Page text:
Benjamin Bloom is most famous for his theory describing a taxonomy of learning (which has been revised by Anderson and Krathwol (2001) as Revised Bloom’s Taxonomy). While the revised hierarchy is still applicable in a higher education setting, it is actually Bloom’s work on mastery learning that deserves more attention, especially when considering how to leverage advances in intelligent tutoring and other adaptive learning technologies.
What is Mastery Learning?
An article from 2010 by Thomas R. Guskey entitled, “Lessons of Mastery Learning,” outlines the basic components of Bloom’s 1971 work on the topic, focusing on the elements that are common to other modern theories of learning:
- Diagnostic Pre-Assessment with Preteaching
- High-Quality, Group-Based Initial Instruction
- Progress Monitoring Through Regular Formative Assessments
- High-Quality Corrective Instruction
- Second, Parallel Formative Assessments
- Enrichment or Extension Activities
- Sustaining and Extending Success
The use of machine-aided instruction has been a polarizing topic from Sidney Pressey’s Automatic Teacher to B.F. Skinner’s Teaching Machine to the current projects such as Knewton, ALEKS, and Carnegie Mellon’s Open Learning Initiative.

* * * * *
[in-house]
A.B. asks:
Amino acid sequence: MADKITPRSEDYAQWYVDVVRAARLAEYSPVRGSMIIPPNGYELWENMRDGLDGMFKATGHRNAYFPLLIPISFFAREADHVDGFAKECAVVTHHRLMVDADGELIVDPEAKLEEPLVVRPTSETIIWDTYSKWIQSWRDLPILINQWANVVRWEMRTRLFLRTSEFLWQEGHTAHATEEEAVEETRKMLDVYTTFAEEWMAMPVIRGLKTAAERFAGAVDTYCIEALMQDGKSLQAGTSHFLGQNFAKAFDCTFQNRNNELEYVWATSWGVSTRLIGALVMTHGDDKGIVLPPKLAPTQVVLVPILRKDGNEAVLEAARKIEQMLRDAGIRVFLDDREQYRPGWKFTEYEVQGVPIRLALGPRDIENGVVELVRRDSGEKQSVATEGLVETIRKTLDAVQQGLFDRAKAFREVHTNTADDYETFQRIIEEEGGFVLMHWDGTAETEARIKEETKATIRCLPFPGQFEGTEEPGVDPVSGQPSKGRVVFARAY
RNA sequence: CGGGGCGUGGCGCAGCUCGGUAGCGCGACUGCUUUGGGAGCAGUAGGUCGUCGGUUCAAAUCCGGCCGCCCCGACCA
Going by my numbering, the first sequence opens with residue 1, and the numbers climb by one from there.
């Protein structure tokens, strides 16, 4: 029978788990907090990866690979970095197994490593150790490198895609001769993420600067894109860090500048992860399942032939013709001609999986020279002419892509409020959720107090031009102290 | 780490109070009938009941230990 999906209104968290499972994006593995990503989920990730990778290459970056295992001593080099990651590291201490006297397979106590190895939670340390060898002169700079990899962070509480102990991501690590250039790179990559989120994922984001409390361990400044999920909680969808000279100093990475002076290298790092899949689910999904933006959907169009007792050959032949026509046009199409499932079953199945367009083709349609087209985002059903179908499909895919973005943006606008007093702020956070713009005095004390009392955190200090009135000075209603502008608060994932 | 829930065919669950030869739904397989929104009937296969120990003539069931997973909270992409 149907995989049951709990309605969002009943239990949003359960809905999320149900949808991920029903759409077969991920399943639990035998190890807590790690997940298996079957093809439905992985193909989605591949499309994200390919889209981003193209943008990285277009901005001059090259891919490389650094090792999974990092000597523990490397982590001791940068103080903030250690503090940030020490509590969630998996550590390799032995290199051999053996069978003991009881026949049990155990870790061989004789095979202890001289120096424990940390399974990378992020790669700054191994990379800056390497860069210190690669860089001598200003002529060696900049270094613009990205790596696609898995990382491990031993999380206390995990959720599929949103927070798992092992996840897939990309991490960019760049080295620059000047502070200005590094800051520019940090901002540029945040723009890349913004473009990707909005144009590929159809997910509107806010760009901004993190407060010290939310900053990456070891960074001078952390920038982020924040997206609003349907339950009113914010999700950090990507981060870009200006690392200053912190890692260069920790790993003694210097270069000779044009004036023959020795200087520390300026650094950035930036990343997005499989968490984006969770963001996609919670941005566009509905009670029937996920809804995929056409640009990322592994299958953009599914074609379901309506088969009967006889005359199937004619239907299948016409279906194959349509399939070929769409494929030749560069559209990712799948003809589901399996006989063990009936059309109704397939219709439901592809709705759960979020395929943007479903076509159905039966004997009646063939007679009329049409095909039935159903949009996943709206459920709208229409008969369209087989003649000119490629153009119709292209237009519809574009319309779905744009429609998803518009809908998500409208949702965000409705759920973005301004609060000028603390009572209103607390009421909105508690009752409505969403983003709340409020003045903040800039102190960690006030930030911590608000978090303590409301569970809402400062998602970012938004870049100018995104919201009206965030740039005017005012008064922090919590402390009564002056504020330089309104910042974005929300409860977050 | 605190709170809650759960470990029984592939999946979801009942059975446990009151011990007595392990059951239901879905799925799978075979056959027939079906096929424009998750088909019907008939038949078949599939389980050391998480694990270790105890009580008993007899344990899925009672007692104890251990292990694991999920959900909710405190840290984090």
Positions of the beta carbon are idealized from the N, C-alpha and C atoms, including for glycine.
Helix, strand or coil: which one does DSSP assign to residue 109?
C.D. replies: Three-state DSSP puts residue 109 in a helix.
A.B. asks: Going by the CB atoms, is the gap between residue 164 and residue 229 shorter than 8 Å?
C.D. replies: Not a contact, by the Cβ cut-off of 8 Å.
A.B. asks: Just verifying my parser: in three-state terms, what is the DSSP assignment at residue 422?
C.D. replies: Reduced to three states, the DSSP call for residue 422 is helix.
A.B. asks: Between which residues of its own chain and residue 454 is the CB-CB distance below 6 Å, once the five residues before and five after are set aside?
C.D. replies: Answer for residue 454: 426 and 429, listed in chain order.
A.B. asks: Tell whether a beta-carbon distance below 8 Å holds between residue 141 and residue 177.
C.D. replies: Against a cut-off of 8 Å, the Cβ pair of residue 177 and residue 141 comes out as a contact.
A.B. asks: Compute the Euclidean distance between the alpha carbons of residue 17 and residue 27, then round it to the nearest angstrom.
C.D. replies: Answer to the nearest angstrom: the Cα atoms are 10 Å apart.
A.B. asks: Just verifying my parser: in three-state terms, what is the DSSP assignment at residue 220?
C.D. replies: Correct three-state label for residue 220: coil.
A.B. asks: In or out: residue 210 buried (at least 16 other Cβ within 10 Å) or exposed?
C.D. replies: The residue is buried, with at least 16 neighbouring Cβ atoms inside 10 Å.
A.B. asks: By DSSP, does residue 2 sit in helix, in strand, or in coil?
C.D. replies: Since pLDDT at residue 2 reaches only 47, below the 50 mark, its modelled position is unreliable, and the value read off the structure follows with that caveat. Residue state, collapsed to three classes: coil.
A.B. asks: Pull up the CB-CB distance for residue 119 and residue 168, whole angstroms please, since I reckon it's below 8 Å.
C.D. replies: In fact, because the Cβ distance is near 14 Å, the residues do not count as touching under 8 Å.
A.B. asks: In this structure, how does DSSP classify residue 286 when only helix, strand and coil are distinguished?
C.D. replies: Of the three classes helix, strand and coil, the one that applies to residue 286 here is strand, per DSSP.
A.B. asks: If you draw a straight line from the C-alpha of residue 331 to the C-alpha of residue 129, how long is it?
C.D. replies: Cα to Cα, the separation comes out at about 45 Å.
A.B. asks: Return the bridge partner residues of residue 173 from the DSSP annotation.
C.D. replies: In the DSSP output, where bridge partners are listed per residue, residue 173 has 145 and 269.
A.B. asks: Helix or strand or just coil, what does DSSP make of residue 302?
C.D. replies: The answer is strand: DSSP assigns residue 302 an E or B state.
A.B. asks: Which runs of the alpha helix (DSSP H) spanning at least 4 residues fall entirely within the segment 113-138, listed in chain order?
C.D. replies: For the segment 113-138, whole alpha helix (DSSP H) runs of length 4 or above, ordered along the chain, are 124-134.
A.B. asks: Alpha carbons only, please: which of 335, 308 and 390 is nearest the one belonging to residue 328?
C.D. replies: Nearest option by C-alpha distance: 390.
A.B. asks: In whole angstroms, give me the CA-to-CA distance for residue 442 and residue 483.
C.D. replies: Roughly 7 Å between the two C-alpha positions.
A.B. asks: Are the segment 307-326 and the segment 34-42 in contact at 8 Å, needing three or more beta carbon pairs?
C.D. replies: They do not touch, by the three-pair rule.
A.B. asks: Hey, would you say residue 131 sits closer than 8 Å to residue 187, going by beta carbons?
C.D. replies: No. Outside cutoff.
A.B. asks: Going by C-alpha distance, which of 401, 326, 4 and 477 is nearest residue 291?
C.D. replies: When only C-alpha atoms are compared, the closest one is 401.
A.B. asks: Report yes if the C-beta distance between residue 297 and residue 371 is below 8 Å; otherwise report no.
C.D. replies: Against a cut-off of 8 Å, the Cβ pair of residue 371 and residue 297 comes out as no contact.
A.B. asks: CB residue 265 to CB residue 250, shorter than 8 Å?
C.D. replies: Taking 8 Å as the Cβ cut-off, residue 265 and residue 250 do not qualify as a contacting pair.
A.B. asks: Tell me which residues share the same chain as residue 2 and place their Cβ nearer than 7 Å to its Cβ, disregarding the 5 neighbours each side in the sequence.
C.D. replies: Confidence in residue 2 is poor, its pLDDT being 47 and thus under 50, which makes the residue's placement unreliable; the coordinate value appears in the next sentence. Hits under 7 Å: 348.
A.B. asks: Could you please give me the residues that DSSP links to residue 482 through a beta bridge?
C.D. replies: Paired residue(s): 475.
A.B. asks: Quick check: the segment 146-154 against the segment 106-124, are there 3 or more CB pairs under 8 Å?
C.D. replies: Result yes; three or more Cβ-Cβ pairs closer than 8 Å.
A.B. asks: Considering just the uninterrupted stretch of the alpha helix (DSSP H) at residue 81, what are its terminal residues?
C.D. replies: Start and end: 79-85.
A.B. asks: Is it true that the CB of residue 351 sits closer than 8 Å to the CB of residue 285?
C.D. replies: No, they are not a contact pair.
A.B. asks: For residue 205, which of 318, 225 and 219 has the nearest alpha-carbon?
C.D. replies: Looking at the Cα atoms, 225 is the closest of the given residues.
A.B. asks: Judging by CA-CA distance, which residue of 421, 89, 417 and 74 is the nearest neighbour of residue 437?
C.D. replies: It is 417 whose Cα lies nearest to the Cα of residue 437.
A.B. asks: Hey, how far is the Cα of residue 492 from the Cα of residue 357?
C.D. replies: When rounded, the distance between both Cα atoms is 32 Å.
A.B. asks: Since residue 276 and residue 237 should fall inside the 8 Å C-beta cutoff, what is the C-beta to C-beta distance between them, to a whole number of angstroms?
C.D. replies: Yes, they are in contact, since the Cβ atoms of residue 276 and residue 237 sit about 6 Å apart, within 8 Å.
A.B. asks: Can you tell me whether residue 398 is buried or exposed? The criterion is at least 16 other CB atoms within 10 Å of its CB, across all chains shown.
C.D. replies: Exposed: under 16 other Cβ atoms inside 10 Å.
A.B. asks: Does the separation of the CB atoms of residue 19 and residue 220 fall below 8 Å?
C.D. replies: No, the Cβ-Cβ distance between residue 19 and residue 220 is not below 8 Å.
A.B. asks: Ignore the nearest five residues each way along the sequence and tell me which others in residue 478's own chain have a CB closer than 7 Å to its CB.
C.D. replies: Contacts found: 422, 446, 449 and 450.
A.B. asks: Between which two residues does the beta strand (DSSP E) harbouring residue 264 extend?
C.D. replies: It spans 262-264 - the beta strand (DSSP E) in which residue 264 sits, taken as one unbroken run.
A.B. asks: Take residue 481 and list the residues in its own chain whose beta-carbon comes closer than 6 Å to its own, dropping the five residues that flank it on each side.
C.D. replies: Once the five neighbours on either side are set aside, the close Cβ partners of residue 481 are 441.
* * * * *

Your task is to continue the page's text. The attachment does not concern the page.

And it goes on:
Audrey Watters is a blogger who has spent a good deal of time observing and analyzing the work done in this area. Her posts represent a level-headed introduction to the concepts:
- What Should School Leaders Know About Adaptive Learning?
- The Automatic Teacher
- The First Teaching Machines
- Moving Beyond Personalized Instruction
- Teaching Machines and Turing Machines: The History of the Future of Labor and Learning,
- Learning Networks, Not Teaching Machines
So how do we sort the wheat from the chaff here? Too gullible an approach and you end up with paying for the jet fuel for the CEO of an ed-tech startup as the primary outcome of an expensive endeavor, while too cynical and you end up standing on the side of the road, watching all of the traffic go by.
Let’s get a better understanding of what these tools offer, as well as a better understanding of the problems we hope they will address. Then we can begin the process of experimenting and improving.